Wednesday, November 11, 2009

Sources for Introducing the Psalms

Today I'm especially grateful for the good service of our active duty military and of our veterans. Many thanks to my father, Frank H. Bellizzi, Jr., who honorably served in the United States Air Force for over twenty-six years.

For what it's worth, today veterans and active duty military eat free at Applebee's.

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Occasionally, I like to use this blog as a public archive, to store away things that might be useful to me later. It's important for any student to preserve the fruit of his or her study. And if what I'm saving might be useful to you as well, then I sometimes post it here.

Believers have always loved the Book of Psalms. A few statements and quotes that can be used for introducing the Psalms:

In a letter to his friend Marcellinum, the fourth-century bishop Athanasius said,

It is my view that in the words of this book the whole human life, its basic spiritual conduct and as well its occasional movements and thoughts, is comprehended and contained. Nothing to be found in human life is omitted.

In the early sixteenth century, Martin Luther, the great leader of the Protestant Reformation, said that the Psalms

might well be called a little Bible. In it is comprehended most beautifully and briefly everything that is in the entire Bible. It is really a fine . . . handbook.

In his Commentary on the Psalms, John Calvin wrote that in this book

there is nothing wanting which relates to the knowledge of salvation.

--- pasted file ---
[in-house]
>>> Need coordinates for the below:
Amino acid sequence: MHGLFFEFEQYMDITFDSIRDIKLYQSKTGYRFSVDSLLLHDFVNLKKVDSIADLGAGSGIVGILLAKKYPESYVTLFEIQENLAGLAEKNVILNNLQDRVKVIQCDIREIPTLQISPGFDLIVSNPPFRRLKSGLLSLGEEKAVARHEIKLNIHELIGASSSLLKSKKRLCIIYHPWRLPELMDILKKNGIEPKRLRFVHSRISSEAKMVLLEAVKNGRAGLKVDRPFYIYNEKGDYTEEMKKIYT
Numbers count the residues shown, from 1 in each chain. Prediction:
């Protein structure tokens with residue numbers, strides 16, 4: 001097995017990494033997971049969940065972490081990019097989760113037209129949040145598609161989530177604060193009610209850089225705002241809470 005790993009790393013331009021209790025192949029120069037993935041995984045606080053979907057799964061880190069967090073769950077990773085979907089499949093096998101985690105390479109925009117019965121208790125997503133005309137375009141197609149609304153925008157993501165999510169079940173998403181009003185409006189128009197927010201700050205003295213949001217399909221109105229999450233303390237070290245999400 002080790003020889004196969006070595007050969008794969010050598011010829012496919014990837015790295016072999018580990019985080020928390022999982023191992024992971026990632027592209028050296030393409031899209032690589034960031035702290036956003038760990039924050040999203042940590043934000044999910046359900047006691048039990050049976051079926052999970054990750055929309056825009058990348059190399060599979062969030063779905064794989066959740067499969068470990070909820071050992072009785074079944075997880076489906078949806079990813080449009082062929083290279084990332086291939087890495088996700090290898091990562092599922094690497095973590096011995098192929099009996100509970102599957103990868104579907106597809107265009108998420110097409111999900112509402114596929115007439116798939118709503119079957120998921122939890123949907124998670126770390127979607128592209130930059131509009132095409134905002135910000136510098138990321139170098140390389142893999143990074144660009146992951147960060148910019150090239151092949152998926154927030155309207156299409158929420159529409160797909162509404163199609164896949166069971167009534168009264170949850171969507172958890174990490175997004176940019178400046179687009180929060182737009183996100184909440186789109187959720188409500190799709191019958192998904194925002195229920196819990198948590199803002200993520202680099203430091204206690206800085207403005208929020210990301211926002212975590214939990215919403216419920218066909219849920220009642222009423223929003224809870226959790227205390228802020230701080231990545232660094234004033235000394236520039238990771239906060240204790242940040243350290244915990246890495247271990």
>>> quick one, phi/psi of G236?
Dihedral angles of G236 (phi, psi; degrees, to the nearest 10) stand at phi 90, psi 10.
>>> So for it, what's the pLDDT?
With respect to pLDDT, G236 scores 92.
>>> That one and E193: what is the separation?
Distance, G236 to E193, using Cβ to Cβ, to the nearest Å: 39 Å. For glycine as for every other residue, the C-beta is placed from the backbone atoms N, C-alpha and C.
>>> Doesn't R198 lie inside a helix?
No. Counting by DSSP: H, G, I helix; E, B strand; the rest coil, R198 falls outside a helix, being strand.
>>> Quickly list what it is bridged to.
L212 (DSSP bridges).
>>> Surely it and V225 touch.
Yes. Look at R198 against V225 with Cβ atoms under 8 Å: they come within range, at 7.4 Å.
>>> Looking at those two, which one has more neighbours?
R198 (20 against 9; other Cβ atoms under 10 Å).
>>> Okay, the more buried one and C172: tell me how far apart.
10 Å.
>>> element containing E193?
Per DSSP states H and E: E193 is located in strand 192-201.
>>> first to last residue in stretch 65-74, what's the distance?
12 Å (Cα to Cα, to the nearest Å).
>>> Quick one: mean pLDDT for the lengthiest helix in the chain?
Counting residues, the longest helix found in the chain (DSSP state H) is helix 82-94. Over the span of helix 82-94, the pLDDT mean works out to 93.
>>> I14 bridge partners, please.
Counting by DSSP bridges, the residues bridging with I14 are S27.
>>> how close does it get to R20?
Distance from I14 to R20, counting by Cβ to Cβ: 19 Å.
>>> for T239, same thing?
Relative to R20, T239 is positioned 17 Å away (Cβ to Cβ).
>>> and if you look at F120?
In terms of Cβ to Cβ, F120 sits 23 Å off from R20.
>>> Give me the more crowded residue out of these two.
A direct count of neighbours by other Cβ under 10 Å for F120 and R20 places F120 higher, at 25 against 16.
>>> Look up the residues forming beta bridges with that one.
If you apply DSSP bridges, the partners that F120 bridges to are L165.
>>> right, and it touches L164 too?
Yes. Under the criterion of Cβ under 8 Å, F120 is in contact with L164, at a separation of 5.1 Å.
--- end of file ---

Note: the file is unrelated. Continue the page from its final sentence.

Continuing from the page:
In Life Together, Dietrich Bonhoeffer, who died at the hands of the Nazis, said that the Book of Psalms

occupies a unique place in the Holy Scriptures. It is God's Word and, with a few exceptions, the prayer of men as well.

Source: James Luther Mays, Psalms (Louisville: John Knox Press, 1994), p. 1

The Psalms continue to live and [to] grip the attention of needy humanity. Fads blossom and wilt, generations come and go, civilizations rise and fall, but the Psalms continue to serve the ages. No other book has been so fondly read and so freely commented on. The inescapable conclusion is—it has something helpful for [people] in every circumstance of life. . . . The Psalms are [a] common heritage, filling common needs. They contain guidance for the errant, power for the weak, courage for the trembling, rest for the weary, cheer for the despondent, hope for the fainthearted and comfort for the afflicted.

Source: Leroy Brownlow, Living with the Psalms (Fort Worth, TX: Brownlow Publishing Company, 1976), no page number.

The Hebrew psalms hold up a mirror to religious experience, to reflect with astonishing fullness and frankness its many moods. Exultation and doubt, pain, persecution and sorrow, passion and aspiration, fortitude, bitterness and despair, complaint, gratitude, and heartfelt praise--all find equally candid expression. The utter sincerity, the wide range, and the deep humanity of the psalms make them the voice of Everyman exploring the religious dimension of life.

The variety of circumstance and occasion covered by the psalms is truly amazing. Sickness and restoration, distress and the fear of death are frequently mentioned. So are the joy in nature and the moral instructiveness of history. Guilt-laden confession prompts some psalms; so do homesickness, nostalgia, and social and religious protest.

Source: R.E.O. White, A Christian Handbook to the Psalms (Grand Rapids, MI: Eerdmans, 1984), p. 4.


Anonymous said...

How about good ole Walter B, Luke Timmy J or some Jurgen M? Do you like any of those three?

Frank Bellizzi said...


I've heard lots of good things about Walter B.'s approach to the psalms. The overviews I've come across about his orientation-disorientation-reorientation program sound pretty good, a good paradigm.

Johnson's book about the Real Jesus and his Intro to the NT Writings are all I've read from him. Both are really fine. I go back to his Intro all the time.

Just know Jurgen M. by reputation, not from having read him.